The early days in any defense-related, high-tech military project are typically marked by failure. The infant U.S. space program in the late 1950s saw the failures of the Vanguard rocket program.
So there's plenty of historical precedent for the military's failed test last week of its Falcon space glider meant to test the concept of a hypersonic craft that could travel up to 20 times the speed of sound, more than 15,000 miles an hour. The hope is that such a craft could eventually allow U.S. aircraft to reach hotspots anywhere on Earth within minutes.
The Falcon Hypersonic Technology Vehicle-2 was apparently successfully launched. But the Defense Advanced Research Projects Agency (DARPA) announced in a statement that it lost the data signal from the craft within 10 minutes of its launch last Thursday.
An excerpt from DARPA's press release:
Preliminary review of technical data indicates the Minotaur Lite launch system successfully delivered the Falcon HTV-2 glide vehicle to the desired separation conditions. The launch vehicle executed first of its kind energy management maneuvers, clamshell payload fairing release and HTV-2 deployment. Approximately 9 minutes into the mission, telemetry assets experienced a loss of signal from the HTV-2. An engineering team is reviewing available data to understand this event.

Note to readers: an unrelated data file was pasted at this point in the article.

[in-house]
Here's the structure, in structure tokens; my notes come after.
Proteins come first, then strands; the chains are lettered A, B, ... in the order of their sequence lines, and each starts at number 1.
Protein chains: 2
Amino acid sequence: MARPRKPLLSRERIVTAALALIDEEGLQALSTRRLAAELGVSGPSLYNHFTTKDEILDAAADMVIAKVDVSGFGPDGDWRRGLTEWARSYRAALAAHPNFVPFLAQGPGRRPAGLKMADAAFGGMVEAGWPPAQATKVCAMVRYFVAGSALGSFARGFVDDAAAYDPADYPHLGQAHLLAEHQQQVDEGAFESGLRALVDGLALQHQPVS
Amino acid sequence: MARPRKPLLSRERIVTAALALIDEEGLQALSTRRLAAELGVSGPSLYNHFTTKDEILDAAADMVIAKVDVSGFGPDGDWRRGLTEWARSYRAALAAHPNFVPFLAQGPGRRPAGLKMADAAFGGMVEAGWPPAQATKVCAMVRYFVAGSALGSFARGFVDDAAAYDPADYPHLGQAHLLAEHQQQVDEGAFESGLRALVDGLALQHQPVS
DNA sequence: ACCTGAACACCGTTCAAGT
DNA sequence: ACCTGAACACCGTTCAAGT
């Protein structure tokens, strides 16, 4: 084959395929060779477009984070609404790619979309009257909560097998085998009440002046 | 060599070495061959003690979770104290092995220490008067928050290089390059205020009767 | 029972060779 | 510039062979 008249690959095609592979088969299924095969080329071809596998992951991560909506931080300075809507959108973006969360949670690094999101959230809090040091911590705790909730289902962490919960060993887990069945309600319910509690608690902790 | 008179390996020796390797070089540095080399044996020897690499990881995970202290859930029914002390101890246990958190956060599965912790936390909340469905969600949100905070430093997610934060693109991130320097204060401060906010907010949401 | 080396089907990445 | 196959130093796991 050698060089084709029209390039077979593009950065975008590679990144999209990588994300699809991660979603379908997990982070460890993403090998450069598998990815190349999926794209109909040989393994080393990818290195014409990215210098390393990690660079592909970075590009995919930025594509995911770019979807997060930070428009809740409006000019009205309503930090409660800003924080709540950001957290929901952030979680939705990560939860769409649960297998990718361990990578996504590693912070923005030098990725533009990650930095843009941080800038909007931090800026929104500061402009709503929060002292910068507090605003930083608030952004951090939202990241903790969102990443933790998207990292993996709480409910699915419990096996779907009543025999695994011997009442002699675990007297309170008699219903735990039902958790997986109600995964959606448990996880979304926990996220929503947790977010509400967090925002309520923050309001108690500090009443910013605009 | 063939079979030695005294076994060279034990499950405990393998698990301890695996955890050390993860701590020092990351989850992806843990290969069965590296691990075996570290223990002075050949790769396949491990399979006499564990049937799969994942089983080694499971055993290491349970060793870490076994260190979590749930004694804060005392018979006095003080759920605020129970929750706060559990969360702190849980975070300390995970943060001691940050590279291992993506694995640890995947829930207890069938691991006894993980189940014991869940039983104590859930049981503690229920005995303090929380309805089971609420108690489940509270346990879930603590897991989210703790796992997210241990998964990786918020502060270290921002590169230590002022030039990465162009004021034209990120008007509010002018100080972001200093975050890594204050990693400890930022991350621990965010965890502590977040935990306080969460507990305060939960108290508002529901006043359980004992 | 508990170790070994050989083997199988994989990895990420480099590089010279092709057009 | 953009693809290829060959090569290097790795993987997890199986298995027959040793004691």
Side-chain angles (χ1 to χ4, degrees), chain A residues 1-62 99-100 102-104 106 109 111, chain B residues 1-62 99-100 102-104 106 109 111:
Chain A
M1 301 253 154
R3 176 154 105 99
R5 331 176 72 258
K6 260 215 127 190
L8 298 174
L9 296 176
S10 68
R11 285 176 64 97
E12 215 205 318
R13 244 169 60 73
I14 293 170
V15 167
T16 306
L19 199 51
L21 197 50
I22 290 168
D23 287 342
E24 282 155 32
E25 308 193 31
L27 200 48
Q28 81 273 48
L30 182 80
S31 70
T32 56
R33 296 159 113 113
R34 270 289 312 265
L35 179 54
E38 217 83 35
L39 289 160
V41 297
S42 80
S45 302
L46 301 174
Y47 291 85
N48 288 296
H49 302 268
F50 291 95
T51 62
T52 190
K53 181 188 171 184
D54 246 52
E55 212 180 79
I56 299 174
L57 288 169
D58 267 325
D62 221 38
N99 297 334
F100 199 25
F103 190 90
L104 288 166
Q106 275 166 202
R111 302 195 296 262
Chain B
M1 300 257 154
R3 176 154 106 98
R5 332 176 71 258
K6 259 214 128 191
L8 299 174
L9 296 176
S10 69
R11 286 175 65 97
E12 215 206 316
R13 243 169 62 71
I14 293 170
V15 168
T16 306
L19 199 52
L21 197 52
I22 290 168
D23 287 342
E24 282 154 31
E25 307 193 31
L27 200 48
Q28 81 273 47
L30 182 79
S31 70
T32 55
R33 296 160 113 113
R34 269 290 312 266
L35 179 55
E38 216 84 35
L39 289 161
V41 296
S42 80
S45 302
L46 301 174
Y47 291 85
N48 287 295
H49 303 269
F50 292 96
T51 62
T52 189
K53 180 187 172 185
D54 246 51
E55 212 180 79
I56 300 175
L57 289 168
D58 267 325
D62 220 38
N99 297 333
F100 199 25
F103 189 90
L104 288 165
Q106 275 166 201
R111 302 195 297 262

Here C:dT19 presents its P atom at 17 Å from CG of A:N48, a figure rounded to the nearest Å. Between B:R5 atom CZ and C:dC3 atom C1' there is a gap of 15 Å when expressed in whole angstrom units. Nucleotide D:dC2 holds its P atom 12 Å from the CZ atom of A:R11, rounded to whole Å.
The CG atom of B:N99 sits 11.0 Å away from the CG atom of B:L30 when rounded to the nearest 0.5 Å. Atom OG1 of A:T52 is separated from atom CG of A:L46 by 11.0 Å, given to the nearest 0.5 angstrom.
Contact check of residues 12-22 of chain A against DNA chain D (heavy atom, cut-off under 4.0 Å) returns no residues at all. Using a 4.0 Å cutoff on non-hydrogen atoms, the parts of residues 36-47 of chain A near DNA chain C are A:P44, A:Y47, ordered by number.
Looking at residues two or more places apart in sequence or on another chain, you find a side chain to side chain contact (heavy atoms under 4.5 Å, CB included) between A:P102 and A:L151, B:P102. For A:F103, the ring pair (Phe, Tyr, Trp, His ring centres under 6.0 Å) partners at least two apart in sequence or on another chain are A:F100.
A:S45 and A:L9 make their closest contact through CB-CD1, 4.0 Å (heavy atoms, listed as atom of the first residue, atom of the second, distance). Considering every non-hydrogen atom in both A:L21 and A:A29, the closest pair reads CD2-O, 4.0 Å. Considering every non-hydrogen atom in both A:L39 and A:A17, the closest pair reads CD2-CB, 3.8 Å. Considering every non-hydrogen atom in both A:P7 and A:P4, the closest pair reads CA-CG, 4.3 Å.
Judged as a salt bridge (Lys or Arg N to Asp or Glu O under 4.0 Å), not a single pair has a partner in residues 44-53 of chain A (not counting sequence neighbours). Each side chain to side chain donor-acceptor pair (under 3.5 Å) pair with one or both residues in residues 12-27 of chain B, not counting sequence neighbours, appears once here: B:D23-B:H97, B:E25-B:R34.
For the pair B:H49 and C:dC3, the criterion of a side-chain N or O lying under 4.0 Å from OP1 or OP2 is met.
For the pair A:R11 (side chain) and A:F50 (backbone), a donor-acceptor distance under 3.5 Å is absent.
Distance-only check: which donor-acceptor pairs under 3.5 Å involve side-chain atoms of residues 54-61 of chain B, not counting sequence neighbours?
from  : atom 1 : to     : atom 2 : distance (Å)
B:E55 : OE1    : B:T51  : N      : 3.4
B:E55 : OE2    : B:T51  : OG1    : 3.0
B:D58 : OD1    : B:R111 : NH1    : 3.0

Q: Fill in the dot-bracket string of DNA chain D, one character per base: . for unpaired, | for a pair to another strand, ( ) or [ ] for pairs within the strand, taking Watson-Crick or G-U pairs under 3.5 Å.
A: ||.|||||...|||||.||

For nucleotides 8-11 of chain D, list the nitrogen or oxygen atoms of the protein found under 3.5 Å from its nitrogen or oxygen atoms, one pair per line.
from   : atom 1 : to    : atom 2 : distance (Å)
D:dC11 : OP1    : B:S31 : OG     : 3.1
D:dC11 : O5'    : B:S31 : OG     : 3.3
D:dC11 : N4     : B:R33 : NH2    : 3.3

And here's how DARPA describes its goals for the project:
DARPA's Falcon HTV-2 program objective is developing and testing an unmanned, rocket-launched, maneuverable, hypersonic air vehicle that glides through the Earth's atmosphere at incredibly fast speeds—up to Mach 20. The key technical challenges of the HTV-2 program are the design and testing of an innovative high lift-to-drag aerodynamic shape, advanced lightweight but tough thermal protection structures, materials and fabrication technologies, autonomous hypersonic navigation guidance and control systems, and an autonomous flight safety system.